The case progressed until January of 2016, when all three groups of Defendants- CBM, the Medical Defendants, and the Benton County Defendants-filed Motions for Summary Judgment (Docs. 50, 53, 56). On July 19, 2016, Magistrate Judge Ford issued the Summary Judgment R&R (Doc. 61). The Summary Judgment R&R advised that the Benton County Defendants' Motion should be granted, and the claims against them should be dismissed with prejudice; that CBM's Motion should be granted, and the claims against it should be dismissed with prejudice; and that the Medical Defendants' Motion should be denied.

         In discussing the Medical Defendants' Motion, the Summary Judgment R&R first found that genuine issues of material fact prevented summary judgment on Chaney's individual-capacity claims against them. Issues of fact existed, Magistrate Judge Ford explained, as to whether the Medical Defendants acted with deliberate indifference to Chaney's serious medical needs when they refused to provide him with narcotic pain medication following his hernia surgery, despite the surgeon's prescription for such medication, and to treat Chaney's TMJ. See Doc. 61, pp. 23-26. Then, the Summary Judgment R&R went on to address Chaney's official-capacity claims against the Medical Defendants, despite having previously discharged these claims in the Dismissal R&R.

I also believe there is a question of fact as to whether the policy is unconstitutional. Official-capacity liability under 42 U.S.C. § 1983 occurs when a constitutional injury is caused by a government's policy or custom, whether made by its lawmakers or by those whose edicts or acts may fairly be said to represent official policy. Plaintiff may prevail on his official capacity claims by identifying a policy that constitutes deliberate indifference. I believe there is a genuine issue of fact as to whether the across-the-board policy of not providing narcotic pain medication evidences deliberate indifference to the serious medical needs of the Plaintiff.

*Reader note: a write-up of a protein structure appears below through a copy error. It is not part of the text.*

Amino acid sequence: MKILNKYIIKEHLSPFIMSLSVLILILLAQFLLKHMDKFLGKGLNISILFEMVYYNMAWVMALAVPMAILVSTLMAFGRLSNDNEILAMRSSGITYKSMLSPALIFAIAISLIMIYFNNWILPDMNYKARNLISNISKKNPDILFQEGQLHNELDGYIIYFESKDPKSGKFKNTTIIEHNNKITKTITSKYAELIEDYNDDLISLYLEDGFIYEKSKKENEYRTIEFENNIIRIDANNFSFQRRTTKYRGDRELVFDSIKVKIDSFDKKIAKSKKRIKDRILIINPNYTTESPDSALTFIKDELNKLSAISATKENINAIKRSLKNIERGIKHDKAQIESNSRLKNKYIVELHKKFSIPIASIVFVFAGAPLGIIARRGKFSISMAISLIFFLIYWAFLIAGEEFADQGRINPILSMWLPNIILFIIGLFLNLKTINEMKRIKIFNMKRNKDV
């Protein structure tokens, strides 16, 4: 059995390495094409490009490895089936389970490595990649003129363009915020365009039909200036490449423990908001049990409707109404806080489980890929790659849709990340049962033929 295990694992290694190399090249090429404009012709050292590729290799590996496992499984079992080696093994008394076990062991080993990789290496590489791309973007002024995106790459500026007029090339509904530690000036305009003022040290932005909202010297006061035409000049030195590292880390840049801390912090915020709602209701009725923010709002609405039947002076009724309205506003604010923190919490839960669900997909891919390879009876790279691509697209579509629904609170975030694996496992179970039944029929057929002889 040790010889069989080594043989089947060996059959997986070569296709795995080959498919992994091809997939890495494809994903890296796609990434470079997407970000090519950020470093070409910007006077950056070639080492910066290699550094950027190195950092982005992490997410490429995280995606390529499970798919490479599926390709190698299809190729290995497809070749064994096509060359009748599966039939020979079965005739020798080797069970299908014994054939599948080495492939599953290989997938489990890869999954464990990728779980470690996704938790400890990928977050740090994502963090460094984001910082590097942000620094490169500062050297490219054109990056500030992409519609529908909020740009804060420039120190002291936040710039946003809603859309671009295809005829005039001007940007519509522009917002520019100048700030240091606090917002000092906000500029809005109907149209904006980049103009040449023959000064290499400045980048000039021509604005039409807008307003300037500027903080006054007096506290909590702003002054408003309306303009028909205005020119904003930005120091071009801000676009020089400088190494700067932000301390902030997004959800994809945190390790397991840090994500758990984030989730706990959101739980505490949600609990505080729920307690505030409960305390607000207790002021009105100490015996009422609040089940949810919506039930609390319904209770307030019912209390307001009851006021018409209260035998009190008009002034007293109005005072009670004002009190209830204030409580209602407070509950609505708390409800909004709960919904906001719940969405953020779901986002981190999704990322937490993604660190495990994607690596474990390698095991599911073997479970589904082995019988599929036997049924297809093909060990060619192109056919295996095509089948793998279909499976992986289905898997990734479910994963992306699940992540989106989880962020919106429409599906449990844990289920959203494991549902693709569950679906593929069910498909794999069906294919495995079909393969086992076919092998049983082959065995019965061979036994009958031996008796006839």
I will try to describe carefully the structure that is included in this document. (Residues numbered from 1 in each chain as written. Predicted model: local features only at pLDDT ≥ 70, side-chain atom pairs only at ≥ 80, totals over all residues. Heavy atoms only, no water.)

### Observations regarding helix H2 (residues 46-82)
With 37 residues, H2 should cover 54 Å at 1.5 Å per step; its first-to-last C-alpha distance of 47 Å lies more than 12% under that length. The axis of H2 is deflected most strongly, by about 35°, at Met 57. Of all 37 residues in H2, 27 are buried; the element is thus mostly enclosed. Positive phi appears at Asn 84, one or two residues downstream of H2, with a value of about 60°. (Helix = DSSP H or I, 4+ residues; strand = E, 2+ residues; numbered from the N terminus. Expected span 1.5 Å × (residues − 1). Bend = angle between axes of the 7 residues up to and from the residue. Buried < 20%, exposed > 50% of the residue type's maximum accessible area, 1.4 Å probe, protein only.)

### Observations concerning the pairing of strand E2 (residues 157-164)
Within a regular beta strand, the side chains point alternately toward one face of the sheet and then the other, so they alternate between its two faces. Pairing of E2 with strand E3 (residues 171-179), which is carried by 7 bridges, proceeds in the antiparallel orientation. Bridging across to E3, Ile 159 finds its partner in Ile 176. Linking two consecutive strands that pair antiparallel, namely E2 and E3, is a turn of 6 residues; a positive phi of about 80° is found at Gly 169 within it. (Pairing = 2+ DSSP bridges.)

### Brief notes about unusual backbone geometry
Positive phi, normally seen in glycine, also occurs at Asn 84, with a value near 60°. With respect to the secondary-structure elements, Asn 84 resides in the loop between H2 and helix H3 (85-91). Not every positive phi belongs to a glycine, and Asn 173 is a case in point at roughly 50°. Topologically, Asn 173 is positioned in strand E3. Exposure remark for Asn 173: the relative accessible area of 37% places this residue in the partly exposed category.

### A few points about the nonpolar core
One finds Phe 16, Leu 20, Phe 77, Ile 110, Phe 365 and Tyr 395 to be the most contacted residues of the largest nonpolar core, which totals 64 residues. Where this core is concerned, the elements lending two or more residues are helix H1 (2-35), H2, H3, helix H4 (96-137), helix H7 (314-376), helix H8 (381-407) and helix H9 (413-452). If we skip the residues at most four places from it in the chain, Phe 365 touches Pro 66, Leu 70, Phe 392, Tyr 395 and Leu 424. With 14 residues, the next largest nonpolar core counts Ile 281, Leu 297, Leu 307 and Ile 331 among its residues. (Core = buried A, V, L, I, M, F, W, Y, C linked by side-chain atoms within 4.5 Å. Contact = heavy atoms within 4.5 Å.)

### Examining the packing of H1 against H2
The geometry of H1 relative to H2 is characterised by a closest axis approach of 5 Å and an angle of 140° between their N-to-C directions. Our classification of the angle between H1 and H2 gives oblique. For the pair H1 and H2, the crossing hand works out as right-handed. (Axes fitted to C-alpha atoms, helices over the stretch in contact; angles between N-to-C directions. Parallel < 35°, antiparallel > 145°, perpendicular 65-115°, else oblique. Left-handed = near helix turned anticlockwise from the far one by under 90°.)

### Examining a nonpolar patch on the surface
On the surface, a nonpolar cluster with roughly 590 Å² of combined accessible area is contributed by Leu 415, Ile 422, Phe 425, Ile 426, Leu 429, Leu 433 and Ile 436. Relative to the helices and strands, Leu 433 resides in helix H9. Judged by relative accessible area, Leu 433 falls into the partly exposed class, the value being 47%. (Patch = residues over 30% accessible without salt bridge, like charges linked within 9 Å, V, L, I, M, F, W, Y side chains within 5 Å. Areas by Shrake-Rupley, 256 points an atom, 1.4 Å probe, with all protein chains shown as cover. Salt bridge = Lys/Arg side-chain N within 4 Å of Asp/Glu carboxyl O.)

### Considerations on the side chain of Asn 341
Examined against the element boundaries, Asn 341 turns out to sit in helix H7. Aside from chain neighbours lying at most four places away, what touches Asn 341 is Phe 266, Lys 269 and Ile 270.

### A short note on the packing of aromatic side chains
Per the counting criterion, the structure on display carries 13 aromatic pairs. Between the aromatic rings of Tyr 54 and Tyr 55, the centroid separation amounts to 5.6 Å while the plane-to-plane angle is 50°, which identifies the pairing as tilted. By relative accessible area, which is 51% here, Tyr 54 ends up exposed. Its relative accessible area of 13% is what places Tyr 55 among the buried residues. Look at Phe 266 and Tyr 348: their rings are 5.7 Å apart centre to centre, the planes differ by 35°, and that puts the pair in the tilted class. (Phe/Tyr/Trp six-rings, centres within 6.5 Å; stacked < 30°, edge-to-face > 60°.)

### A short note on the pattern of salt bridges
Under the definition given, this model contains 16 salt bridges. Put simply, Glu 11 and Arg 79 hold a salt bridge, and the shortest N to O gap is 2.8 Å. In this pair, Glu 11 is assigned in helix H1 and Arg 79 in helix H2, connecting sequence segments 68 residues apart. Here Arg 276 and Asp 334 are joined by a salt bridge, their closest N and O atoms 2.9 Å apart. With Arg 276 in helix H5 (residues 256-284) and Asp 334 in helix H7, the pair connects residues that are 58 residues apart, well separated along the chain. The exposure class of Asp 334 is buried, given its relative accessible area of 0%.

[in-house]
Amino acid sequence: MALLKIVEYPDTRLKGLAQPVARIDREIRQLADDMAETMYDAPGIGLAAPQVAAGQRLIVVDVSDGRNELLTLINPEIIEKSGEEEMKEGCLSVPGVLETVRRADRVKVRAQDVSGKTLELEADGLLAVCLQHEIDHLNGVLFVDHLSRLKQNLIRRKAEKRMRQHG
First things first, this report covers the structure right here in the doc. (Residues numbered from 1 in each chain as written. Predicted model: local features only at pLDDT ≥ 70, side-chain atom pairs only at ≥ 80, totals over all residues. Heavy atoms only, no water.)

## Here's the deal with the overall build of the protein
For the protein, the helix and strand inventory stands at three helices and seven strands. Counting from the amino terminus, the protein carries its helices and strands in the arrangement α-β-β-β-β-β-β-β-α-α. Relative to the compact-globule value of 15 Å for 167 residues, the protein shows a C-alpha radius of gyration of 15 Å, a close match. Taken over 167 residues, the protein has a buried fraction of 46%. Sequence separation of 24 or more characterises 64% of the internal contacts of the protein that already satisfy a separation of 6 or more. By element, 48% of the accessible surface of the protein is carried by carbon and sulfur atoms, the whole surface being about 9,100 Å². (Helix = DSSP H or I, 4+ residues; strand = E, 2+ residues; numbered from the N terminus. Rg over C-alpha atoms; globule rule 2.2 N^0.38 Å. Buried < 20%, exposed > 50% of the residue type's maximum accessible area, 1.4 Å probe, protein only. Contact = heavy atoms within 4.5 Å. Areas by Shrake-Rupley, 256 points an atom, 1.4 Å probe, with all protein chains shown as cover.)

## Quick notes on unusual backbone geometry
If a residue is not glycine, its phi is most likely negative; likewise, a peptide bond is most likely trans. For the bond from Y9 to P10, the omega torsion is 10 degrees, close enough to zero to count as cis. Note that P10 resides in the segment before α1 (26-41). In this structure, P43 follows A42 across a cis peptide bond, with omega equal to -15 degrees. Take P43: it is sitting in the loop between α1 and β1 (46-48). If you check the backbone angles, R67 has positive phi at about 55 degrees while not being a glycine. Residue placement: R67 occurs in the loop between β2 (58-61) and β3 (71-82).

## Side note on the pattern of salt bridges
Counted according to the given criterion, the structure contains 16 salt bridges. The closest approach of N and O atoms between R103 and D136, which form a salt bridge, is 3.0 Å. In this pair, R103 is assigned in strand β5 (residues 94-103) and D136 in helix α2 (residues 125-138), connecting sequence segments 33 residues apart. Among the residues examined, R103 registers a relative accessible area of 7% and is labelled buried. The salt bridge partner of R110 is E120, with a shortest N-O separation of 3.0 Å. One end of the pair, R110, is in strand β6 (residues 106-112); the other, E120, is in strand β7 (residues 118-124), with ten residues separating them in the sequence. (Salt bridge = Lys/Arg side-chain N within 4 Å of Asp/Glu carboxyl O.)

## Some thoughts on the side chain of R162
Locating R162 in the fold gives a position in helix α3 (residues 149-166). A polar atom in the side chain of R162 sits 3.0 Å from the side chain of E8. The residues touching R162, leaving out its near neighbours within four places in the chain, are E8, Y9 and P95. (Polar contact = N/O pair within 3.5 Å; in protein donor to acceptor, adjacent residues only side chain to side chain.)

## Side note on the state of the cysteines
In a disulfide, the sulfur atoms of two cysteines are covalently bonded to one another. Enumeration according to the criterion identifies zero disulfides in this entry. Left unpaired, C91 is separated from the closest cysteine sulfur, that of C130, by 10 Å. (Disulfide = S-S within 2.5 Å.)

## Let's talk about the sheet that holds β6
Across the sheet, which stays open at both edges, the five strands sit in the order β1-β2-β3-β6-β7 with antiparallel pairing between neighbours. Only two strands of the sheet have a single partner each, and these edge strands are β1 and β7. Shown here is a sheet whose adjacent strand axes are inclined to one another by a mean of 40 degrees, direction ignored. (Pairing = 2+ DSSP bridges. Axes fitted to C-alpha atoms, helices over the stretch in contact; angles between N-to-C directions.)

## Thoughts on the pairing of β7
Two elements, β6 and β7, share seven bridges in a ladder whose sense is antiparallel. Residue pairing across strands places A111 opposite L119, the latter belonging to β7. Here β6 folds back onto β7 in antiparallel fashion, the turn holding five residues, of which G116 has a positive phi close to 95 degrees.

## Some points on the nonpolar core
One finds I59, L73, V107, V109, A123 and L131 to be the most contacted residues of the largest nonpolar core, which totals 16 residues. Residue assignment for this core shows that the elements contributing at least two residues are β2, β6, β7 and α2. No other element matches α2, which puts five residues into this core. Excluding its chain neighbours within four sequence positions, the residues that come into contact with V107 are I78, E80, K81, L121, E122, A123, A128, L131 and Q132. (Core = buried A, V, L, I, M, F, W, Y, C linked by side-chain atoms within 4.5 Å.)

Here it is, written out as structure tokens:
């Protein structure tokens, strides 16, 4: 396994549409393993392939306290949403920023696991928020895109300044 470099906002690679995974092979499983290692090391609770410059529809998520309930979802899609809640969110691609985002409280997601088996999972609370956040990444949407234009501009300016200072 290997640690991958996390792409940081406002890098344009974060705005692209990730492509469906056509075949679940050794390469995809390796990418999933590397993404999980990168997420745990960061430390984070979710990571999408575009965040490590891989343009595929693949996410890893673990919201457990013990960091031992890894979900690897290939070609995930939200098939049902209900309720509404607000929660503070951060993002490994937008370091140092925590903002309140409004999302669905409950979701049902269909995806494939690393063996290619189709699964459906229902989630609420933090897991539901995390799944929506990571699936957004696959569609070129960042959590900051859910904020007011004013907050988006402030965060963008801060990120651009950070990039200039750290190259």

Id. at 26 (quotations and alteration omitted). Neither party objected to the Summary Judgment R&R, so the Court entered an Order (Doc. 62) adopting it on August 17, 2016.

         On September 9, 2016, the Court entered a Case Management Order (Doc. 63) providing for a period of discovery and setting a trial date during the Court's May 1, 2017 term. On October 7, 2016, Magistrate Judge Ford entered an order appointing counsel to Chaney, who had been proceeding pro se. Thereafter, the parties proceeded with discovery, and on March 29, 2017, filed their required pre-trial disclosures. These filings prompted the Court to begin its trial preparation process, starting with a thorough review of the record. This, in turn, led the Court to discover the aforementioned inconsistency between the Dismissal R&R and the Summary Judgment R&R regarding Chaney's official-capacity claims against the Medical Defendants.

         On April 12, 2017, the Court reconciled this inconsistency by sua sponte vacating its previous Order (Doc. 62) adopting the Summary Judgment R&R, and instead declining to adopt the portion of the Summary Judgment R&R discussing Chaney's official-capacity claims against the Medical Defendants. This sua sponte Order (Doc. 85) had the effect of clarifying that only Chaney's individual-capacity claims, and not his official-capacity claims, would proceed to trial. However, believing that the parties had conducted discovery assuming that his official-capacity claims were still alive, and convinced that those claims were meritorious, Chaney filed the instant Motion for Reconsideration and Clarification (Doc. 91) on April 21, 2017.